On March 5 at Hancock Church in Lexington, early-music group A Joyful Noyse performs excerpts from the Passion music of Reinhard Keiser (1674-1739), including the first setting of a well-traveled text: “Der für die Sünde der Welt gemarterte und sterbende Jesus” (“The Suffering and Dying for the Sins of the World of Jesus”), by poet and politician Barthold Heinrich Brockes (1680-1747). Brockes was best known for “Das Irdische Verdnüngen in Gott” (“Earthly Pleasures in God”), nine volumes of divinely directed nature poems — as one commentator put it, “describing spinach and other useful vegetables for the glory of God.” But Brockes’s oratorio text, relating the story of Jesus’s crucifixion, was also popular, being set by dozens of composers, including some of the era’s most celebrated: Mattheson, Telemann, Handel.
Brockes’s version of the Passion was particularly lurid, dwelling on images of pain and blood. It dramatically suited Keiser, a prolific composer for the Hamburg Opera. But it also echoed the fire-and-brimstone preaching that characterized Hamburg's Lutheran churches, such polemics often directed against the city's small Jewish population. Jews faced discrimination across the city-states of 18th-century Germany, but Hamburg, with its unusually powerful (and adamant) clergy, was harsher than most.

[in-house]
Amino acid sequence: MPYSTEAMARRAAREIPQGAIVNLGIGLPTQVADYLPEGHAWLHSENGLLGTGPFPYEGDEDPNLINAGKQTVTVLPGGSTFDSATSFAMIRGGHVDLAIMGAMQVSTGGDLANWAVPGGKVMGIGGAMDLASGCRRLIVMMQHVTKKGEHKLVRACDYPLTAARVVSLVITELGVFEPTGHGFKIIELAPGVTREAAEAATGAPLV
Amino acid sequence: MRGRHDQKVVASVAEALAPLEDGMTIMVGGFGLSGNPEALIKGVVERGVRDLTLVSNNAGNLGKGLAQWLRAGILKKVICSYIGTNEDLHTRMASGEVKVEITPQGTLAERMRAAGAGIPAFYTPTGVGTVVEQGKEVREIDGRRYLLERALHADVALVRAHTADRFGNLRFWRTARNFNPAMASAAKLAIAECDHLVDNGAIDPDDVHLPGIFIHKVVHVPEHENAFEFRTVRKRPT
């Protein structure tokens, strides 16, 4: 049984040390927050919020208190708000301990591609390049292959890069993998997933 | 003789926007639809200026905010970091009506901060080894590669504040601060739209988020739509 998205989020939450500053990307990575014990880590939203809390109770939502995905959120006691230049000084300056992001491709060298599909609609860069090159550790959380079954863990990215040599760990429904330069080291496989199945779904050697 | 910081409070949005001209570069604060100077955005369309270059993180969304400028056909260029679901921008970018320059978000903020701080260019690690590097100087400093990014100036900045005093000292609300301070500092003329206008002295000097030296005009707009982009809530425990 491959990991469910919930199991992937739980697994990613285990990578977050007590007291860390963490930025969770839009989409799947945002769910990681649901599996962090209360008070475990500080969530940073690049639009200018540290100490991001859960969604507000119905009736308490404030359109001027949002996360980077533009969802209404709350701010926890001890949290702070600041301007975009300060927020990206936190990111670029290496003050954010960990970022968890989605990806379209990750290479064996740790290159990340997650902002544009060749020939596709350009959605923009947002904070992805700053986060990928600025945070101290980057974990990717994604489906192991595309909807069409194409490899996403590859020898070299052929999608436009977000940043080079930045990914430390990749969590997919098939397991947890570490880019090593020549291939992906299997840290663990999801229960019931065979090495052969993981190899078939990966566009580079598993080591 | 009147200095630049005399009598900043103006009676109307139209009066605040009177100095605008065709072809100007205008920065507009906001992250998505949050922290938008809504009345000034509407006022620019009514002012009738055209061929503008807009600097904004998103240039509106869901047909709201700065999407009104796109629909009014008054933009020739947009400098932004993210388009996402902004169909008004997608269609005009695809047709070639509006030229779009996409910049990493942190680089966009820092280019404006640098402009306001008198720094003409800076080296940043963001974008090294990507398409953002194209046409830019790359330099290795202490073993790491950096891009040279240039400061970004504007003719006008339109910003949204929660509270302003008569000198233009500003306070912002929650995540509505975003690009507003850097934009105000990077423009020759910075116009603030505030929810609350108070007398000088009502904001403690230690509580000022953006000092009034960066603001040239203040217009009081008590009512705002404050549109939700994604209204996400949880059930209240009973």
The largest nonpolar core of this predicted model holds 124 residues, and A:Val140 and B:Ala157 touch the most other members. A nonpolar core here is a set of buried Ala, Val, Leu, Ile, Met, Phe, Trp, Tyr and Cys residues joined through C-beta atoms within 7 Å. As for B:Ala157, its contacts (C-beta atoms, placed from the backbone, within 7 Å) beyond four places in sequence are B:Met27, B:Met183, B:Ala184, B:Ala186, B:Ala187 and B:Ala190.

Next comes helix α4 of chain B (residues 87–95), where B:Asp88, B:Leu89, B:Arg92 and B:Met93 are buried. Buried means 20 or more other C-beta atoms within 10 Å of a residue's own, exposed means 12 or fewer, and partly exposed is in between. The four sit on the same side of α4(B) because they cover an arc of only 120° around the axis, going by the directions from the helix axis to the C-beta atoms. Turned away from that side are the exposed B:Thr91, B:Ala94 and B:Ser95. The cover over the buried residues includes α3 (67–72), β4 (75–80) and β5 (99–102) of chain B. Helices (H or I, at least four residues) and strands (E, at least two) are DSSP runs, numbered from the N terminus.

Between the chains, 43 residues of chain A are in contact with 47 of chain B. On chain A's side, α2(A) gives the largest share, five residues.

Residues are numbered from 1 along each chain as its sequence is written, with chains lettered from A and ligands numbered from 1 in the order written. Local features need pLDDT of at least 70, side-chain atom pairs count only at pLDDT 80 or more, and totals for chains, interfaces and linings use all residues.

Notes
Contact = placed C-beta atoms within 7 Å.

No Passion of the time was ever going to espouse ecumenical tolerance, but it is unclear how much the Brockes Passion, beyond its tone, was intended to condemn Judaism. Much hinges on the scene of Jesus’s betrayal: in the gospels, Roman soldiers arrest Jesus while the Jewish high priests look on, prompting Jesus to chide the priests (and their servants), whom he used to teach in the temple. Brockes has Jesus address this not to the servants — “Knechten” in German — but the “Kriegsknechten,” the soldiers, implying that they are not Roman, but Jews, come to murder their former teacher. As scholar Raymond Erickson noted, it could have been an editorial oversight on Brockes’s part but, if not, it would be “an especially egregious example of an unjustified attack on the Jews.”
Though Keiser hardly shied away from anti-Semitism (musicologist Jeanne Swack has catalogued numerous gross Jewish stereotypes in Keiser’s operas), Brockes could have, by the standards of the time, been considered an enlightened intellectual. But perhaps enlightenment lagged in Hamburg; while they have their own troubling moments, J. S. Bach’s Passions (composed in Leipzig) are notably less provocative than the Brockes Passion. When Bach borrowed some of Brockes’s text for his “St. John Passion” he avoided its more inflammatory passages — as modern performances of Brockes Passions often do. But the original remains a vexing reminder of the earthly penchant for turning a promise of salvation into a crude, us-versus-them division.
A Joyful Noyse performs music of Reinhold Keiser, March 5 at 3 p.m. at Hancock Church, 1912 Mass. Ave., Lexington (suggested donation $15; 781-862-4220; www.hancockchurch.org).Matthew Guerrieri can be reached at firstname.lastname@example.org.